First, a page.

All kittens will be sent with an individual health tracking sheet. This sheet allows you to monitor kitten health status and it includes information about medications and future appointments. The sheet should be filled out daily and brought to all appointments and surgeries.


Diarrhea is common in young kittens that have growing and sensitive bodies. Many things can cause diarrhea including a diet change while weaning. 

If a kitten has diarrhea and is over four weeks of age, otherwise eating, acting normally, and gaining weight, then it is ok to monitor and give it a chance to resolve on its own for the first 24 hours. If the kitten is vomiting, losing weight, lethargic, inappetent or has unresolved diarrhea, then you should contact animal health for guidance. An appointment might be suggested.


Similar to diarrhea, vomiting has many causes. In some cases, a kitten may vomit from eating too rapidly. If you suspect this is the situation for your kitten, try offering smaller and more frequent meals.

If the kitten appears healthy otherwise and only has one or two vomiting episodes, then it is ok to keep an eye on it. However, if the kitten vomits more than twice, Animal Health should be contacted. Contact is also needed if the kitten also has diarrhea, weight loss, lethargy or a poor appetite.


Upper Respiratory Infections (URI)

URI is simply a kitten cold that is generally caused by a virus. The stress of being in a new environment or having surgery may make the kittens more susceptible to URI. 

URI generally appears as sneezing, discharge from the eyes or nose, congestion and coughing, or swollen eyes. 

Mild cases of URI do not need to be seen by a veterinarian. If the kitten has clear nasal discharge and is eating, gaining weight and otherwise acting normally, then an appointment may not be needed. Most mild URIs resolve on their own within seven to ten days. Animal Health should be contacted if the URI has not resolved or if the kitten has lethargy, poor appetite, weight loss, colored nasal discharge, severe congestion or a fever. 


Whenever possible, kittens will be treated for fleas before going to a foster home. In situations where the kitten is too young to receive flea medication, more conservative methods will be used such as combing and frequent bedding changes. Flea treatment should be applied monthly.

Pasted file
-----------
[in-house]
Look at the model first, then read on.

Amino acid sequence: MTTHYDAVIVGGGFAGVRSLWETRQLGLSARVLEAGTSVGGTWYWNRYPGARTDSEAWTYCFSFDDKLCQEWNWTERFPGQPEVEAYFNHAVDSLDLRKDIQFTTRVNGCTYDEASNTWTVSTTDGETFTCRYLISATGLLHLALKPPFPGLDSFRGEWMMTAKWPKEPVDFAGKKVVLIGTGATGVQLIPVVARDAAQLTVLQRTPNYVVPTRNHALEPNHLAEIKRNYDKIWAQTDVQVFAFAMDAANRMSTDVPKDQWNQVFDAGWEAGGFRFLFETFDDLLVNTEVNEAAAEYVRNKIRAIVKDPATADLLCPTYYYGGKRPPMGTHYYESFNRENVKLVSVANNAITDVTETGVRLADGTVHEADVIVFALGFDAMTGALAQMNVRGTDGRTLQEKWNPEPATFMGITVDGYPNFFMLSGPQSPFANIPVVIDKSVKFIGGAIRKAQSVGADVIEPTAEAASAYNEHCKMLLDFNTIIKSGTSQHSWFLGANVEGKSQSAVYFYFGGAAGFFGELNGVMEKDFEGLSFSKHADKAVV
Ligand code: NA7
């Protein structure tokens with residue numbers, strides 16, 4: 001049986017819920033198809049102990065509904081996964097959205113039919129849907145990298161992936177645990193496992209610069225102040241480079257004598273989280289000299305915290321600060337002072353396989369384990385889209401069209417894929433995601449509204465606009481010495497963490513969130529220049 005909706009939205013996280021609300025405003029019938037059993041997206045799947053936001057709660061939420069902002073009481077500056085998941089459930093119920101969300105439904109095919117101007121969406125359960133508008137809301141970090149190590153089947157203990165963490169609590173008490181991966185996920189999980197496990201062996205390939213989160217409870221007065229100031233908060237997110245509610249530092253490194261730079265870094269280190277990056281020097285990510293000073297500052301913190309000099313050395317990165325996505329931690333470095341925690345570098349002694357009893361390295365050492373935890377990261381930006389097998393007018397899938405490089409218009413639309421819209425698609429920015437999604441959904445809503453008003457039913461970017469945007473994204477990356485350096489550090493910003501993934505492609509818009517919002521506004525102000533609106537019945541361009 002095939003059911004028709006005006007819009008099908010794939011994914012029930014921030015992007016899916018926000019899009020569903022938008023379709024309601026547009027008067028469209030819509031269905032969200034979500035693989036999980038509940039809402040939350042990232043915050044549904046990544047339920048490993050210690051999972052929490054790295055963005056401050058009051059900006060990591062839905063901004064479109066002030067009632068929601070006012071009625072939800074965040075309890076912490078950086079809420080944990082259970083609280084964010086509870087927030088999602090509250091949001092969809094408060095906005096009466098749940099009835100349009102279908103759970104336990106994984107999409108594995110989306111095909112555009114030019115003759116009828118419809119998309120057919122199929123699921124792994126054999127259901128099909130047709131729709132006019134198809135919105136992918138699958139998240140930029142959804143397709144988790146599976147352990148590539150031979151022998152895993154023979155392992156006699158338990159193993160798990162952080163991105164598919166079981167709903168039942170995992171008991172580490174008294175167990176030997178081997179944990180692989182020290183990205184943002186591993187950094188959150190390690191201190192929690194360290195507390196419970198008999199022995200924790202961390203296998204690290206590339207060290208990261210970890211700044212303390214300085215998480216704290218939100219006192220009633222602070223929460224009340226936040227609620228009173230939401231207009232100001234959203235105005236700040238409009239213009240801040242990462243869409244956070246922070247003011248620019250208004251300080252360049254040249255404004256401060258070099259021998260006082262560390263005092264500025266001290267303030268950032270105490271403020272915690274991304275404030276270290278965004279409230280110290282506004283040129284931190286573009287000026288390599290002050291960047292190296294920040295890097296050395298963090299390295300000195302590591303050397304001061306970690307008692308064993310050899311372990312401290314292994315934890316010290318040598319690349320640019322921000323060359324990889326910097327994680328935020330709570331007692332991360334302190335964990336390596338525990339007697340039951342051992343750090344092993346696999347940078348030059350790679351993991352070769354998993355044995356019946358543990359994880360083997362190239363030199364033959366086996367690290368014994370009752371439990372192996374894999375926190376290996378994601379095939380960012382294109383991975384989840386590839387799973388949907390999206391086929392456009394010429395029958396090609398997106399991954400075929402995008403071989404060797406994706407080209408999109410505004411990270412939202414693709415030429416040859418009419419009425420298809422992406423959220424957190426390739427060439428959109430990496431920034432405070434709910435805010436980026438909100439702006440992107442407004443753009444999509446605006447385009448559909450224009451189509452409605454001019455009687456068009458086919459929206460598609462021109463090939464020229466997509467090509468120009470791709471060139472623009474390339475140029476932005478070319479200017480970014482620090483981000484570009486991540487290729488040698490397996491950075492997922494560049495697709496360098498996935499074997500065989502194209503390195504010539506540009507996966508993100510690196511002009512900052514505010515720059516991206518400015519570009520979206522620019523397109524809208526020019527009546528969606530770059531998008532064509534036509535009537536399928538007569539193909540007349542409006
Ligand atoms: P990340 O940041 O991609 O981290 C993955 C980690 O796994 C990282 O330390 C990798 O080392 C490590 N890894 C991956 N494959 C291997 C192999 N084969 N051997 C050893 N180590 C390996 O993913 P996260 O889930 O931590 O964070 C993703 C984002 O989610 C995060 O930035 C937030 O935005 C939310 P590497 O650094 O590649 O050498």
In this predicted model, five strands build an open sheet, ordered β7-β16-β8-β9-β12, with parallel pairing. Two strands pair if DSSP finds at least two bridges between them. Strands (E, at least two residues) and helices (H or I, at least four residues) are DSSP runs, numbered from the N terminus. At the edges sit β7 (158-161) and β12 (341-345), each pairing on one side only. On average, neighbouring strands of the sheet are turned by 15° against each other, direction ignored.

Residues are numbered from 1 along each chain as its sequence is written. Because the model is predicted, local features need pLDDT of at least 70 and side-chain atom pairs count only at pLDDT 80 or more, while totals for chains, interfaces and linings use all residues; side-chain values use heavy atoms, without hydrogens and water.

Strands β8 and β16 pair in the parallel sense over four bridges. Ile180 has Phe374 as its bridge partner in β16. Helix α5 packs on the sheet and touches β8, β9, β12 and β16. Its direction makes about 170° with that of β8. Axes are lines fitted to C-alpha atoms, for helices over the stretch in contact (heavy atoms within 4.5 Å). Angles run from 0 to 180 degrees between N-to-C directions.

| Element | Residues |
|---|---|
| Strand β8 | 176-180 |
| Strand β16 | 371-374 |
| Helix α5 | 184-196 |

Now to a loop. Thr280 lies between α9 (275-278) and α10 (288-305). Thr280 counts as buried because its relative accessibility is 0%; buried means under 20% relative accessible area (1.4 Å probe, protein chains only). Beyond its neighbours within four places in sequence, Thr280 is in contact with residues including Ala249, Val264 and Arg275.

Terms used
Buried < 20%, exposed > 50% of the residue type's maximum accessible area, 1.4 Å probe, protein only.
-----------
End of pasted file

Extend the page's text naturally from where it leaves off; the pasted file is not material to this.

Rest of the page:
Ear Mites

When a kitten has ear mites, they will have crusty black debris in the ears. The ears are often itchy and may have a smell to them. Treatment is simple with medication. Sometimes, more than one treatment is needed to completely clear the ears.


Lice are rather uncommon in kittens in our area. Lice will look like white flecks on the kitten’s fur. Unlike dandruff that can be easily brushed away, lice eggs are stuck to the hairs and are not easily removed. A combination of a topical medication and combing will cure it. Cat lice is not contagious to humans. Contact Animal Health if you suspect your foster kitten has lice. 


Ringworm is also rather uncommon in our area. It is a fungal infection that is commonly found on the head and legs of a kitten. The skin will look dry and the hair will be missing in these areas. Ringworm is treatable and typically involves medicated baths. Contact Animal Health if you suspect your foster kitten has ringworm.

It is expected that all veterinary care will be provided by MCAS or an approved emergency veterinarian under an emergency situation only. A foster parent may not take a foster pet to any other veterinarian. No medications, prescription or otherwise, are allowed to be given to foster pets unless previously authorized by MCAS veterinarian staff. Failure to follow this rule, may result in no longer being a foster parent with MCAS. Any unauthorized veterinary care will not be reimbursed by MCAS.